The current government shutdown is encouraging more people to reassess their level of support for members of Congress and Congress as an institution. The public is likely to decrease their already awfully low approval ratings for Congress in reaction to the current inability to come to a compromise with the budgeting process. However, as the electoral environment becomes more diverse, researchers are challenged to determine how the descriptive characteristics of elected officials can influence the way they are viewed by the public. Is the public swayed by a politicians’ race, ethnicity or gender as they decide whom to support or if they are satisfied with their representative? How do the demographic traits impact the continued underrepresentation of both racial/ethnic minorities and women? A new book, The Latina Advantage: Gender, Race, and Political Success (2013), contributes to the larger political debate over identity and support for diverse politicians by addressing these questions along with others. This post is a follow up from an earlier post focused on Latinas as political candidates by summarizing some of the main points generated from the book specific to representation. It is important to examine the demographic traits of the public and how they match up with representative’s demographic traits. The representative’s descriptive characteristics of race, gender, and ethnicity can significantly influence citizens’ electoral support.
The Latina Advantage uses national public opinion data from the American National Election Studies (ANES) to examine the public’s support of women and minority U.S. incumbent House Representatives from 1992-2008. The analysis examines the respondents’ support, through both evaluation and voter support, of their congressional incumbent. The analysis includes match variables for the descriptive matches of the respondent’s and incumbent’s gender and race/ethnicity. The ANES responses are supplemented with an original dataset that provides the gender, race/ethnicity, party, and district racial/ethnic make-up of all incumbent U.S. Congressional Representatives from 1992-2008.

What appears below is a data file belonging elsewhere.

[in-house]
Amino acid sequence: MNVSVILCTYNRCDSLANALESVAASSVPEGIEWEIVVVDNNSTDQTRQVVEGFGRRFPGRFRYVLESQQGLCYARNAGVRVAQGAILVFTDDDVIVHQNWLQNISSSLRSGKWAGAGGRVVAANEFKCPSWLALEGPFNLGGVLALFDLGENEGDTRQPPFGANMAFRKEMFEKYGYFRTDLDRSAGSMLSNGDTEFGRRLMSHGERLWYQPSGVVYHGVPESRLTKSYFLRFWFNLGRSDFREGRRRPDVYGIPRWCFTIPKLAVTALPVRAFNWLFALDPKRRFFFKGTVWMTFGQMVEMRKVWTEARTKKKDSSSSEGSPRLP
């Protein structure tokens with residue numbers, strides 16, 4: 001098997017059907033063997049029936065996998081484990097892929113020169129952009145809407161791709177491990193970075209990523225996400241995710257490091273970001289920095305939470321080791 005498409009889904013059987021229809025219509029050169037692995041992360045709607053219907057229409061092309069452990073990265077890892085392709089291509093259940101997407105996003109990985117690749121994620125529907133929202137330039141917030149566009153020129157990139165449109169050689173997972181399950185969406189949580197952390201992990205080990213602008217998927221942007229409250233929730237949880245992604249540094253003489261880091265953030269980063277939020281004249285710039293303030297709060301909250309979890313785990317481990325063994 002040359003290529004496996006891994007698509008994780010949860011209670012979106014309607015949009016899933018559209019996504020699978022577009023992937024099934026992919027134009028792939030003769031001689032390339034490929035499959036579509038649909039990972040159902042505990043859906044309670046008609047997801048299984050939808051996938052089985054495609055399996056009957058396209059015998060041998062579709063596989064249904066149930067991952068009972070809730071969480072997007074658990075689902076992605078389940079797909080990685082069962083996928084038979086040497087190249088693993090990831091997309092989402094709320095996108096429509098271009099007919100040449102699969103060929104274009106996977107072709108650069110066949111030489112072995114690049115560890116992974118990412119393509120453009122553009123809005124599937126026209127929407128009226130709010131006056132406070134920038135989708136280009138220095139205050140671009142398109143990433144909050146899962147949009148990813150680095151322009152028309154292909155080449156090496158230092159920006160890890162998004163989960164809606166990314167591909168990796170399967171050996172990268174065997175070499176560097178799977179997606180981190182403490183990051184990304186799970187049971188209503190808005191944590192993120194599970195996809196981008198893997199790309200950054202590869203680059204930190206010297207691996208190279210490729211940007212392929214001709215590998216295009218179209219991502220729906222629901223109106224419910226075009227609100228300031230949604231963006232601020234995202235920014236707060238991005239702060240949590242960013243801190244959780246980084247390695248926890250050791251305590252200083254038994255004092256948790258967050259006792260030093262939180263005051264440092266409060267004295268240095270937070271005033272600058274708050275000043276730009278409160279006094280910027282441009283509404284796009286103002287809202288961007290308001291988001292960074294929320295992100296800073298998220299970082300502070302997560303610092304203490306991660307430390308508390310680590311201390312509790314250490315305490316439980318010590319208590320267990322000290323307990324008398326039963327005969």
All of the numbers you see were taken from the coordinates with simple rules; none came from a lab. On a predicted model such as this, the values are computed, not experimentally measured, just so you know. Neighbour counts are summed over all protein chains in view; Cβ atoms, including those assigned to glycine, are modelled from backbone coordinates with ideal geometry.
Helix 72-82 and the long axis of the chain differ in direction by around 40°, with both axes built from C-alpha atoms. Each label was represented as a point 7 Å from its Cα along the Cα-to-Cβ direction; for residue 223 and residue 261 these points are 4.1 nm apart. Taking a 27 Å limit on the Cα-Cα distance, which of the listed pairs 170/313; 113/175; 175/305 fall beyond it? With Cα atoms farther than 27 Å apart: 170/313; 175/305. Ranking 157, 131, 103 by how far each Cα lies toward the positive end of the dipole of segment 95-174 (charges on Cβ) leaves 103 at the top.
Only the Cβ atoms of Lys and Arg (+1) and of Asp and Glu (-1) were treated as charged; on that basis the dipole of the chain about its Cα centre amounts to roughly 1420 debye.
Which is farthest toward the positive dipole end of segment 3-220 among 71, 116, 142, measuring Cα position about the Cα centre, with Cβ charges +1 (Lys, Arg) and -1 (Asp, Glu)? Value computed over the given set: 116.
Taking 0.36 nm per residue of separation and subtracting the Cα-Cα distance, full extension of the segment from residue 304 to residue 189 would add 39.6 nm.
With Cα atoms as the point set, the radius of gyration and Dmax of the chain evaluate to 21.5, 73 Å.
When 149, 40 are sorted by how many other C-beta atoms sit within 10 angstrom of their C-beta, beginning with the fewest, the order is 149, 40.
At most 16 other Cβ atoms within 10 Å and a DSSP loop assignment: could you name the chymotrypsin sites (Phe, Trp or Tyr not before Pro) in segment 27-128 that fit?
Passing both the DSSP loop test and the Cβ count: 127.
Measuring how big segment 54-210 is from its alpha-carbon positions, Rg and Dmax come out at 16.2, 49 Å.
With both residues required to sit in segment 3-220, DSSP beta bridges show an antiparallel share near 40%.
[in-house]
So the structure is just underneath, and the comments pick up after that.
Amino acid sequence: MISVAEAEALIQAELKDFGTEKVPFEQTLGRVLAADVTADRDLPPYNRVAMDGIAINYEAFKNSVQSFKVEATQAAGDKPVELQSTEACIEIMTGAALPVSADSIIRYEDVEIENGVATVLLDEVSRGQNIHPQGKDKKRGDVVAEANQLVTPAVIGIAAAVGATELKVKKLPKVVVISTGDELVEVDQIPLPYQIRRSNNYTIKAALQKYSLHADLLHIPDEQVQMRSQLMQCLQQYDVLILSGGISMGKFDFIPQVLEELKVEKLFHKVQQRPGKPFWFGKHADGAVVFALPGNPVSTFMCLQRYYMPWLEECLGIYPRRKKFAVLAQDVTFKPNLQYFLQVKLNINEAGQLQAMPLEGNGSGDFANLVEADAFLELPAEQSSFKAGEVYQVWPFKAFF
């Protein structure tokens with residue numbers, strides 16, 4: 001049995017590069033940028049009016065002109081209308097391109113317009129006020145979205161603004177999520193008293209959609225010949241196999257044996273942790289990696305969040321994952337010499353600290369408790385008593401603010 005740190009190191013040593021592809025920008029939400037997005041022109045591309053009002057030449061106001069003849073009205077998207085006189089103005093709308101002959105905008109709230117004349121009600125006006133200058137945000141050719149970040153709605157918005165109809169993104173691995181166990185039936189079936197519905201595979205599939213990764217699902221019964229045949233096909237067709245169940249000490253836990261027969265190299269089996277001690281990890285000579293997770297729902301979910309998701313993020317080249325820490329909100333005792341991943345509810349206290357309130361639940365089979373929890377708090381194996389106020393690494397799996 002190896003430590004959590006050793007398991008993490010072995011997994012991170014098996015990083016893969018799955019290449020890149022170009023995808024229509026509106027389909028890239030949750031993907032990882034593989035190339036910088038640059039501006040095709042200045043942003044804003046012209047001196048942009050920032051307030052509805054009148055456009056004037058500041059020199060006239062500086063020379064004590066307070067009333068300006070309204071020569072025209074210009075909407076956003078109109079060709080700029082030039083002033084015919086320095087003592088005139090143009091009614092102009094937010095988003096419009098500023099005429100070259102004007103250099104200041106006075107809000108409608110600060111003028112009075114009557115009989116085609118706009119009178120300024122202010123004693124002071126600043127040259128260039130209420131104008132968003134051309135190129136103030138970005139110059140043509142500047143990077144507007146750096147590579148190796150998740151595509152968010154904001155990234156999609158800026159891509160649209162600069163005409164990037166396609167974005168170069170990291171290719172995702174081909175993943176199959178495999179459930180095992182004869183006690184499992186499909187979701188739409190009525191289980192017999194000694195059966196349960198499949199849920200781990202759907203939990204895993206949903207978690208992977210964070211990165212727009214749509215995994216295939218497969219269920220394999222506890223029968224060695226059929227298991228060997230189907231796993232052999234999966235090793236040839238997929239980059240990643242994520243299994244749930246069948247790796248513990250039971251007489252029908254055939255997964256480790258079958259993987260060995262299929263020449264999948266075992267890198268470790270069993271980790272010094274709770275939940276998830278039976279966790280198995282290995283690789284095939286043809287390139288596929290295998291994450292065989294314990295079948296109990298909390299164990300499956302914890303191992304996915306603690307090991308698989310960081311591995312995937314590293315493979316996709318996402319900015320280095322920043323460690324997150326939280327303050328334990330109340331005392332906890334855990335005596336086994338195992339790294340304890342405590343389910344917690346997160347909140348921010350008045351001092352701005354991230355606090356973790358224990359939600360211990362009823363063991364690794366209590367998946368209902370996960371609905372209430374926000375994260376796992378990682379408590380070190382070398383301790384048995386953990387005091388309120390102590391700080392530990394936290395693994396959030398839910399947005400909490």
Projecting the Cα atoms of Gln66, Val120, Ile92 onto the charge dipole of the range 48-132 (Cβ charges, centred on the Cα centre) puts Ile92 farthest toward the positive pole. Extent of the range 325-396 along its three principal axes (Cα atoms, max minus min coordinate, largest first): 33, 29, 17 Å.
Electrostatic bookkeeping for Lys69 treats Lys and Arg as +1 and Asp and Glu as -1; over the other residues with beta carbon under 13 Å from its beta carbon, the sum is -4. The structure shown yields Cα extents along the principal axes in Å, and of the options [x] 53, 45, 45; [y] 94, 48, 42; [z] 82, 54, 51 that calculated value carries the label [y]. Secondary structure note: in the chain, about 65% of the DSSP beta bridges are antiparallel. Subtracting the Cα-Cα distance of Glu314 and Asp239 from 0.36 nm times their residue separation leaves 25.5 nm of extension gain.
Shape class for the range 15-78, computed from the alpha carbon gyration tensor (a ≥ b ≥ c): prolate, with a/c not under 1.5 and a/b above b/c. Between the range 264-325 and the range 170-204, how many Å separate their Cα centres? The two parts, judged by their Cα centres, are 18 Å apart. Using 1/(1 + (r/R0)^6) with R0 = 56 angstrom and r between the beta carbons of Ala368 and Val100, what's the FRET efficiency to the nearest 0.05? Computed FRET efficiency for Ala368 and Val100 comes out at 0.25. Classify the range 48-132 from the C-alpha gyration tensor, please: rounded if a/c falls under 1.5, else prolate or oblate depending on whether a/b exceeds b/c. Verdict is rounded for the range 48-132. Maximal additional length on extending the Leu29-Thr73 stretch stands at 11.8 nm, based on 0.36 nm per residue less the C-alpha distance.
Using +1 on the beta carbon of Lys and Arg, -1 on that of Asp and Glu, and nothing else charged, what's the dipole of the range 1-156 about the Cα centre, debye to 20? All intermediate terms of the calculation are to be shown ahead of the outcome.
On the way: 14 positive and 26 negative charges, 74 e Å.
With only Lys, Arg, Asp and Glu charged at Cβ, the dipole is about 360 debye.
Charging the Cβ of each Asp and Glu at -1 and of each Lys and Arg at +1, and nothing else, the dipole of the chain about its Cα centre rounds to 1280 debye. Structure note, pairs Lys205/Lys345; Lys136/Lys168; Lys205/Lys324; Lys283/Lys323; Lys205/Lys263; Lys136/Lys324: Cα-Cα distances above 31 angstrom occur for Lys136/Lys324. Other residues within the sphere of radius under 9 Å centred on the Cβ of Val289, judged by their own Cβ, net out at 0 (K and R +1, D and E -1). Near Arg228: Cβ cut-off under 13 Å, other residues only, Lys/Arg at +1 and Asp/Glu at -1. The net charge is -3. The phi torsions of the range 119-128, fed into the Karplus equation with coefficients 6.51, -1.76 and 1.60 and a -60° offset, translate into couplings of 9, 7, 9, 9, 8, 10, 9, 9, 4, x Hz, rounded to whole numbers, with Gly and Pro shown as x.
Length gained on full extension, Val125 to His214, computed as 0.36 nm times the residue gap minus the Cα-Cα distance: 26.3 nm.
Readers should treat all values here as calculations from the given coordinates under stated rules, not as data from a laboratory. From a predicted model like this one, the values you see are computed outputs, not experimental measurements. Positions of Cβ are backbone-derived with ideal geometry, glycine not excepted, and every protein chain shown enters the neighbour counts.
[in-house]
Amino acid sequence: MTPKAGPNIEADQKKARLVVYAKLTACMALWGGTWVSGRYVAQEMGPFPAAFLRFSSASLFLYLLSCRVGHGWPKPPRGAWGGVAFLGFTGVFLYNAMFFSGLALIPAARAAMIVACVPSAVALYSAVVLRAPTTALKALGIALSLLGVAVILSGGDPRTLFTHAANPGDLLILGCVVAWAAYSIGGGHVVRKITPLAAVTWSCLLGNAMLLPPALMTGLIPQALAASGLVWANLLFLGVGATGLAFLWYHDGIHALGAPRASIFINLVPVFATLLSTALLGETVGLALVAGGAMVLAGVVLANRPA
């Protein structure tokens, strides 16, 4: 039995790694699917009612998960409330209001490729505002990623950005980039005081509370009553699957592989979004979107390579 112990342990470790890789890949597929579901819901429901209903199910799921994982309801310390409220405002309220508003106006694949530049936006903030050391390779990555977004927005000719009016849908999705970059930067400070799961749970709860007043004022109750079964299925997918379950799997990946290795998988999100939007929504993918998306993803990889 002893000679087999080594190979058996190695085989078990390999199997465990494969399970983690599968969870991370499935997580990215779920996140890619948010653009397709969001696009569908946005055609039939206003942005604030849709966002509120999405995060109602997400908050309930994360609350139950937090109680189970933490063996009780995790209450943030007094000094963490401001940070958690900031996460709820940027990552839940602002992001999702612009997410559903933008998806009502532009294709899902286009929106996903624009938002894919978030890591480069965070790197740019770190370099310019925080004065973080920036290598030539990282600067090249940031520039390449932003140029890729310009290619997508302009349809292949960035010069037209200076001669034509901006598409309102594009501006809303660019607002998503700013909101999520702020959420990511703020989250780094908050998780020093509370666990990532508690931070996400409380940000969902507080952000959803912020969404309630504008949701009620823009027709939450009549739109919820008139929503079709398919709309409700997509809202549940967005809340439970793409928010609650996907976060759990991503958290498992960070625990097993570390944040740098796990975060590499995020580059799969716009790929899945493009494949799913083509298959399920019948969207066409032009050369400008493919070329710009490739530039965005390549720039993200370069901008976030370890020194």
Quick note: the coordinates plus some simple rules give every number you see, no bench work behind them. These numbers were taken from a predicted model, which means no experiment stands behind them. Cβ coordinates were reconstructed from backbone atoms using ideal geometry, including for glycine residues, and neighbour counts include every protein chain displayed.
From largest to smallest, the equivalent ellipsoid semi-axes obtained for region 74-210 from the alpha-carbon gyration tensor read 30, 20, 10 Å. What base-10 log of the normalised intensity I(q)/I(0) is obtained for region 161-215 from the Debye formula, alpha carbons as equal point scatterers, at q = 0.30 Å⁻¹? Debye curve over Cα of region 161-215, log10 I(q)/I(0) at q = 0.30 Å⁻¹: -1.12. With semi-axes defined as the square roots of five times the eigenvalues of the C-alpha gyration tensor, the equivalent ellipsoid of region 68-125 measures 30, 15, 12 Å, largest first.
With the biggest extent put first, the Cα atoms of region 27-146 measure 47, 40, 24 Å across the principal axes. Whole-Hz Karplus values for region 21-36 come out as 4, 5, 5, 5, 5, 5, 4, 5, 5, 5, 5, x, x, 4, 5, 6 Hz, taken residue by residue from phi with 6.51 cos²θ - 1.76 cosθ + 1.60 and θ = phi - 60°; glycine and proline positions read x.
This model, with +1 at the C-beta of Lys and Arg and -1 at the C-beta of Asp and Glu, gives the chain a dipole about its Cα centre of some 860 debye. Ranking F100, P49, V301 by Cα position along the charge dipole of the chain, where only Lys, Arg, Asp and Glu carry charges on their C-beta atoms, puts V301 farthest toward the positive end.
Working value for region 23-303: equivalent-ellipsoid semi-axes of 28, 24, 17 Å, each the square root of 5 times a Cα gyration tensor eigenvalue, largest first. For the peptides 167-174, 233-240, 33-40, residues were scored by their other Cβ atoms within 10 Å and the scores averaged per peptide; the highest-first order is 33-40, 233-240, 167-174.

There are key differences in the demographic matches for both Congressional incumbents and their constituents in the ANES dataset. The significant differences depend on the respondent’s gender and racial/ethnic identity. Whites have the highest percentage of matches, at about 90 %, for the shared race of incumbents and constituents. Racial/ethnic minority males have the highest percentage of matches, at about 85 %, for the shared gender of incumbents and constituents. Females have a much lower percentage of matches for their shared gender.
How does a shared gender or racial/ethnic identity influence support? The public is more likely to support a politician that is most similar to them. However, when voters do not share the race/ethnicity of a candidate, there is potential for racially-biased voting. In addition, when voters do not share the gender of the candidate, there is also potential for gender-biased voting. The Latina Advantage argues that the important interaction of both race/ethnicity and gender can provide a positive source of political support for females. This challenges the common assumptions of compounding electoral disadvantages for minority female political candidates. The findings show that descriptive identity characteristics introduce an important dynamic when there is an interaction of an incumbent’s race/ethnicity and gender with an interaction of a constituent’s race/ethnicity and gender. Females can be viewed differently from males in politics, especially when they do not share the public’s race/ethnicity. There is evidence that respondents in 2008 provided higher evaluations and approval ratings of their black and Latino incumbents over their white incumbents, for both male and female incumbents.